Any other indication that the threat to Iraqi stability is not in fact the ostensible U.S. withdrawal, but a continued U.S. military presence, is similarly omitted, although a separate article in the Post from the day before noted that the Mahdi Army, a Shiite militia that has joined the political process and whose spiritual head is the influential cleric Moqtada al-Sadr, has threatened to take up arms again if the U.S. violates the bilateral agreement by keeping military forces in the country past the deadline.

The New York Times offers the same narrative, reporting that “Iraq’s political elite, empowered by the American invasion and entrusted with the country’s future, has begun to deliver a damning critique of itself, a grim harbinger for a country rife with fears of more crises, conflicts and even coups as the American military withdraws.”

The article is somewhat self-critical and acknowledges a certain amount of U.S. responsibility for the current situation. It notes that “the failure of the elite that the United States helped to choose may serve as a lasting American legacy here”, and that, “To a remarkable degree, Iraq remains haunted by the decisions of the earliest days of the occupation in 2003, when expediency trumped foresight. Debates still rage in Iraq over the choices the United States made: disbanding the Iraqi military, the purge of members of Saddam Hussein’s Baath Party and the decision to occupy Iraq rather than create a transitional Iraqi government.”

But the U.S. role in creating political instability is quickly downplayed: “[P]erhaps the most far-reaching bequest was the power the exiled opposition and Kurdish parties have held in Iraq since 2003, filling a vacuum left by Mr. [Saddam] Hussein’s withering assault on any dissent…. Asked if the Americans bore blame for their prominence, [former U.S. Ambassador to Iraq] Mr. [Ryan C.] Crocker said, ‘I don’t think so. You can ask the question, was the whole bloody thing a mistake? I don’t spend a lot of time on that.’”

The Times reports that an anonymous “leading politician called his colleagues ineffective”, and points a finger at “Iraq’s neighbors, in particular Turkey and Iran,” who are “often unhelpful” and “have taken to playing politics here like a parlor game.

To help the situation, the U.S. was “pushing for a power-sharing agreement that would keep Mr. Maliki as prime minister, and Mr. Allwai in charge of security. But, Iraqi officials say, the Iranians are opposed to Mr. Allawi, while the Turks have lingering reservations about Mr. Maliki.” The Times quotes a former lawmaker, Mithal al-Alusi, saying, “We should blame ourselves as politicians because we allowed such countries to have so much influence in Iraq”. The U.S. excepted, naturally.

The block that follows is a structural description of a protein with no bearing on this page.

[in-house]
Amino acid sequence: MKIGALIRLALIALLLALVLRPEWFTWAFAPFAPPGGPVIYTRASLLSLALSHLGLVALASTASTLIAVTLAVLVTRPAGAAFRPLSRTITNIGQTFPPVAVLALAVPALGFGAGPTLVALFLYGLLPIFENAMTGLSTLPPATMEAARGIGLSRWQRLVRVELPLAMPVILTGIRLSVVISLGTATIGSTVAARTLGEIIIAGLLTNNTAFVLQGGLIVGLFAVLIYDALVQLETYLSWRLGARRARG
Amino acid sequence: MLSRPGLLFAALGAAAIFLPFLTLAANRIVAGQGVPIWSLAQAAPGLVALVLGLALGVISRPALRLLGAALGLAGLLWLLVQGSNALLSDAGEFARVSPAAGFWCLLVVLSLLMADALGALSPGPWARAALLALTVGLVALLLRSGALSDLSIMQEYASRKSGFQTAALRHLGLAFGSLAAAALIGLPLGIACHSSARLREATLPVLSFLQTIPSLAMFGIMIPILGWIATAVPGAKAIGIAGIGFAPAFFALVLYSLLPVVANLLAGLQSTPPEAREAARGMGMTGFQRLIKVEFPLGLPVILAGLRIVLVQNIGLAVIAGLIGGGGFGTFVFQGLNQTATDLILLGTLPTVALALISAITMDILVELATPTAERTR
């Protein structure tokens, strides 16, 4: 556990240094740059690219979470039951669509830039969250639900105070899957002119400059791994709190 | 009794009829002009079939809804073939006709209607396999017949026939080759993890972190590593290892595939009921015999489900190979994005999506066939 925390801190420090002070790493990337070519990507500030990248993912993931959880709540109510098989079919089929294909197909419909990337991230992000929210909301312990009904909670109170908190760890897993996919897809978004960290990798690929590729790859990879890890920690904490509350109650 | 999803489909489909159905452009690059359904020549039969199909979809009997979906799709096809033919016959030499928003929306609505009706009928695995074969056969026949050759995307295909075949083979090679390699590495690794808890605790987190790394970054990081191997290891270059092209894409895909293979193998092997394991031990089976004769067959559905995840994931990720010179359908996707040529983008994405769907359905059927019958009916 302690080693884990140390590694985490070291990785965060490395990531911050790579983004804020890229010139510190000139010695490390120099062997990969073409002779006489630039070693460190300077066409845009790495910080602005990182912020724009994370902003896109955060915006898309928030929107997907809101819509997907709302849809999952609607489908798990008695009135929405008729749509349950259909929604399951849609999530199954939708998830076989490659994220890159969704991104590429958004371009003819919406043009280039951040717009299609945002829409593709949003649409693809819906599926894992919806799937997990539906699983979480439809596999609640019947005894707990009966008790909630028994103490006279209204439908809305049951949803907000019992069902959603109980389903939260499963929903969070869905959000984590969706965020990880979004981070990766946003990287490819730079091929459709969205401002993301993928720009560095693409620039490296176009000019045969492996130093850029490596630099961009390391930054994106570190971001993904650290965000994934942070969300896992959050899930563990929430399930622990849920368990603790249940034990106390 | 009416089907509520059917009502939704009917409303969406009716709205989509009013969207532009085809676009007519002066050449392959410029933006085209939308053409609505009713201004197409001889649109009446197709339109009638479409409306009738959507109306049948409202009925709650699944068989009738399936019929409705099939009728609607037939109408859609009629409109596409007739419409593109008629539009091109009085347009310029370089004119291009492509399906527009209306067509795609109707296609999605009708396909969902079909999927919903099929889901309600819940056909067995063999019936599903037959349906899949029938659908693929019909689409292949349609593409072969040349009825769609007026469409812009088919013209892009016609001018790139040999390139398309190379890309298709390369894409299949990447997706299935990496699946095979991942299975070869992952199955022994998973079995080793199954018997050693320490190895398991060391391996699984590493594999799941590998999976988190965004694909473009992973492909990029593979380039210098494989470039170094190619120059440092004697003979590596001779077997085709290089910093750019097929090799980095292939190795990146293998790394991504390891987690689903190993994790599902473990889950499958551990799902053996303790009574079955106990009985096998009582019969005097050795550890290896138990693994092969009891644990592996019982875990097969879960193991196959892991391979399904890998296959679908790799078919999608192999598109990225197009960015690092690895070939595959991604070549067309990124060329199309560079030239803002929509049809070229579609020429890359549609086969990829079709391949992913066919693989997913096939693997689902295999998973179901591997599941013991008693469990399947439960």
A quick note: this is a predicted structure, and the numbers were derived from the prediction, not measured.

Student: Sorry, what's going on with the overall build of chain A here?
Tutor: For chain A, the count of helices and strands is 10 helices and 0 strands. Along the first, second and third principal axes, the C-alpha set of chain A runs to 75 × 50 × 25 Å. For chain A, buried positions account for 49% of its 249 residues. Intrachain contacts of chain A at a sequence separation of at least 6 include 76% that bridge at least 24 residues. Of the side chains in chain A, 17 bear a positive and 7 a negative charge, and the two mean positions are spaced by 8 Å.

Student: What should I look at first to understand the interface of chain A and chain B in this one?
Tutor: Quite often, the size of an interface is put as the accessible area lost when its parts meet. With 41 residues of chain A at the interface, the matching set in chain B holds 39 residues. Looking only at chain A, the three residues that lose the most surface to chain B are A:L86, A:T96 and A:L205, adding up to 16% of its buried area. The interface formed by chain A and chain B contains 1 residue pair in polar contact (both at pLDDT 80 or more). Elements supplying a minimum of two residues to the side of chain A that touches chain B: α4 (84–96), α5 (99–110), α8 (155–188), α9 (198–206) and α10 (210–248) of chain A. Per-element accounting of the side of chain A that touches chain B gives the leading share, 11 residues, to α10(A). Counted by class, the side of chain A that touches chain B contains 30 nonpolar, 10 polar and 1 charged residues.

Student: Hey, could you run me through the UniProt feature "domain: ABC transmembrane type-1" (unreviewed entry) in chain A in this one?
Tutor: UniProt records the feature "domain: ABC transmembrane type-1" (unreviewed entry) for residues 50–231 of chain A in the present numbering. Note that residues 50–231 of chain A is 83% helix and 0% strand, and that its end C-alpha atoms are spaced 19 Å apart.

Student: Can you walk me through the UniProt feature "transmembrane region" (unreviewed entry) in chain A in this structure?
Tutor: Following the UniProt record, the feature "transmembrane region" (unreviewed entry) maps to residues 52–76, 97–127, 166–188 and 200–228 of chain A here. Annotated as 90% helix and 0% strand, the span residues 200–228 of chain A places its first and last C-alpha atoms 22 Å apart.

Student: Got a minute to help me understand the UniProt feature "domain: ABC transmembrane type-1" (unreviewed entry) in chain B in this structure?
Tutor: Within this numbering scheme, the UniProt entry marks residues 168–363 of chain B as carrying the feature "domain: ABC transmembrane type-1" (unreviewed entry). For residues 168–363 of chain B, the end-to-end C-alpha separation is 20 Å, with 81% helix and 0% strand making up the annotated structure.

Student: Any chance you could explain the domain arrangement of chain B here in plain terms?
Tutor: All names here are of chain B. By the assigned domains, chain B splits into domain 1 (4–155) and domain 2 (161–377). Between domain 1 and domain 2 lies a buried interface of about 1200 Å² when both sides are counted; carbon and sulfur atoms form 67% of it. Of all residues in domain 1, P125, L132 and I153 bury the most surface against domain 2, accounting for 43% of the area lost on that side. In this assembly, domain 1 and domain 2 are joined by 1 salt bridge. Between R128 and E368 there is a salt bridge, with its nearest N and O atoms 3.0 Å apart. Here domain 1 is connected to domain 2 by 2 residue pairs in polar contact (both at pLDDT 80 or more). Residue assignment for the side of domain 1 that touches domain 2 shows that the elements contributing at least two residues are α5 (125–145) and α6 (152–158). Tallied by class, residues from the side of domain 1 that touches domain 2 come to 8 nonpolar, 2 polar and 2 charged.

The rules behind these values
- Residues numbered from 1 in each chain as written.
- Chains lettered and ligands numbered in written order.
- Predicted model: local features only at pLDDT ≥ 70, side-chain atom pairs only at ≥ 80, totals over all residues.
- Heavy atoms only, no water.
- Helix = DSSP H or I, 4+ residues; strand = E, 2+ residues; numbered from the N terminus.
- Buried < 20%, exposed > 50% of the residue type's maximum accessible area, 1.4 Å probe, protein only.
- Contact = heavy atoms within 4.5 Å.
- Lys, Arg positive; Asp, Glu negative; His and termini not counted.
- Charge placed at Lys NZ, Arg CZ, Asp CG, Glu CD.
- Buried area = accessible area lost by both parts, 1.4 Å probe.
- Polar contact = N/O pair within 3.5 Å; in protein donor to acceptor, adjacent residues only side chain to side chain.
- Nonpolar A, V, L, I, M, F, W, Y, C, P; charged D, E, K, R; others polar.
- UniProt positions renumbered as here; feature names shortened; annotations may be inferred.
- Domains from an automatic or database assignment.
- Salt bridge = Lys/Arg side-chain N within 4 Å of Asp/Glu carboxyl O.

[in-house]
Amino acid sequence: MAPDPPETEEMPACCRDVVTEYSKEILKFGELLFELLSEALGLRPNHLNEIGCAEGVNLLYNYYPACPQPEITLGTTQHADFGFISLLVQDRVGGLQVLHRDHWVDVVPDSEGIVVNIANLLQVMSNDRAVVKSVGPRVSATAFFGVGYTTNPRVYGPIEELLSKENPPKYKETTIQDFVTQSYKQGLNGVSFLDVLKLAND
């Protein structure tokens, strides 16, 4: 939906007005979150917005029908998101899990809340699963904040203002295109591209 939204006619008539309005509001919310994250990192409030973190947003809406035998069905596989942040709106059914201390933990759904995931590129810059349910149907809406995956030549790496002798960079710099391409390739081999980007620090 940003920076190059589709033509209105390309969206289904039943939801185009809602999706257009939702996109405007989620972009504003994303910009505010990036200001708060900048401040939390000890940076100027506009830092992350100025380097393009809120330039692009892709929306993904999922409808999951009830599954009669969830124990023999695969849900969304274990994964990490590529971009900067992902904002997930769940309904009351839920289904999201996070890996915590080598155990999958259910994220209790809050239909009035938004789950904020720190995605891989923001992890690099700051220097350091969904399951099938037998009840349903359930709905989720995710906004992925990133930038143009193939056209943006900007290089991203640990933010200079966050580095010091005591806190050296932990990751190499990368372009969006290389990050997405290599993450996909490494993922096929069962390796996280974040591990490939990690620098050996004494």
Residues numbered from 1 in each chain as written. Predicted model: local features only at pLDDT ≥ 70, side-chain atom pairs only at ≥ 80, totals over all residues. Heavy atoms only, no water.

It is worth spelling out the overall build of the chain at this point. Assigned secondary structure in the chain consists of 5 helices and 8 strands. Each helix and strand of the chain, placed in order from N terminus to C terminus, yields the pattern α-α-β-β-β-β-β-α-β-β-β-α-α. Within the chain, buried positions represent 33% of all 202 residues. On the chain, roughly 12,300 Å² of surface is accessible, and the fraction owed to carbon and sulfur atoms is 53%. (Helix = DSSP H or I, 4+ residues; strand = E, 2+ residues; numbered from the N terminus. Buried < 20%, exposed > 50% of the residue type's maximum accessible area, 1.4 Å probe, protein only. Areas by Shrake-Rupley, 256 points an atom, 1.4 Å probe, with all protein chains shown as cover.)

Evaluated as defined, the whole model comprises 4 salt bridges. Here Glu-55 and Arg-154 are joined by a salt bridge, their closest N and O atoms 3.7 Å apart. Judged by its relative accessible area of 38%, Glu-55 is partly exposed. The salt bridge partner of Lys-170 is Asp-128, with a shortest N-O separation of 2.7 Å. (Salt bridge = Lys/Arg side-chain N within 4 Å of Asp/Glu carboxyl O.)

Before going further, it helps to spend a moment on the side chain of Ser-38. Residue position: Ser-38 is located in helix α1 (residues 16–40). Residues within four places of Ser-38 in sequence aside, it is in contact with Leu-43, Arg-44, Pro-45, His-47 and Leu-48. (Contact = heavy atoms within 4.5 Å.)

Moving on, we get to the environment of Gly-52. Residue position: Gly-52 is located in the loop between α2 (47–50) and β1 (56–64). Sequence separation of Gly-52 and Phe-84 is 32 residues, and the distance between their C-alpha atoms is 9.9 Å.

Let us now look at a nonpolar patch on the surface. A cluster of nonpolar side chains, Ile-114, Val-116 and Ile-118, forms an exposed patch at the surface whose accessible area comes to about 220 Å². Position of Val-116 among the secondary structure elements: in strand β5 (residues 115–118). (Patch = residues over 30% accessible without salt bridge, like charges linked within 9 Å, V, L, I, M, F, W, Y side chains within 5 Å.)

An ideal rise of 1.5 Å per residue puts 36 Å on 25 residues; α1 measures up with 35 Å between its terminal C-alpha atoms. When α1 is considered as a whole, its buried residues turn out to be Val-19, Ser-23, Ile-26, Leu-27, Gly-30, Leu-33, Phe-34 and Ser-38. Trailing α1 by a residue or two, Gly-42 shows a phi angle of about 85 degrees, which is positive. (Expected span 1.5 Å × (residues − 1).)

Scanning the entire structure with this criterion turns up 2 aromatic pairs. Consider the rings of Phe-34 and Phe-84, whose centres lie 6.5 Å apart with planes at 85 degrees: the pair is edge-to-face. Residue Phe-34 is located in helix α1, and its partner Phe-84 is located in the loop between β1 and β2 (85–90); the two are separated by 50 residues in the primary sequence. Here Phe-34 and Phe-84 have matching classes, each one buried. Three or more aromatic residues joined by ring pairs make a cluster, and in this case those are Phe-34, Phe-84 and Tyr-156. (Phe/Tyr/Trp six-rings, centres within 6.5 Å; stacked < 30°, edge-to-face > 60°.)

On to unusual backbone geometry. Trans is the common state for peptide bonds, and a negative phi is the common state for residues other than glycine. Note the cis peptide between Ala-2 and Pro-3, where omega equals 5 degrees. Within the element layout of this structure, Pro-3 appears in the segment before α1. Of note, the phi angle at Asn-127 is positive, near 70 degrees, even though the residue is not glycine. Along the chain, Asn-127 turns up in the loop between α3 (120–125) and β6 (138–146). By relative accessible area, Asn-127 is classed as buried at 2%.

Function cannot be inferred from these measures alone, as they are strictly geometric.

The assumption that the U.S. efforts to exert its influence in a country on the other side of the Earth is legitimate and helpful, while any effort from Iran to do the same in a country it shares a border with (and which waged a devastating war on Iran during the 1980s) is just the opposite, is an unquestionable axiom. U.S. officials, at worst, lacked “foresight” and made rushed decisions. But that U.S. actions are nevertheless benevolent is an article of faith.

The existing narrative in the mainstream political commentary serves the purposes of reinforcing that assumption and of manufacturing consent among the American public for a continued military presence in Iraq.

But as Thomas Ricks has observed, convincing Americans with the use of this narrative is easy. Convincing Iraqis themselves is an entirely different problem to be overcome. The key to that, of course, is to keep in place pliable government officials who are warm to the idea and are willing to make decisions contrary to the overwhelming will of the public. Any Iranian effort, real or imaginary, to prevent that from happening, of course, will only be further proof that a continued U.S. presence is necessary.

Print Friendly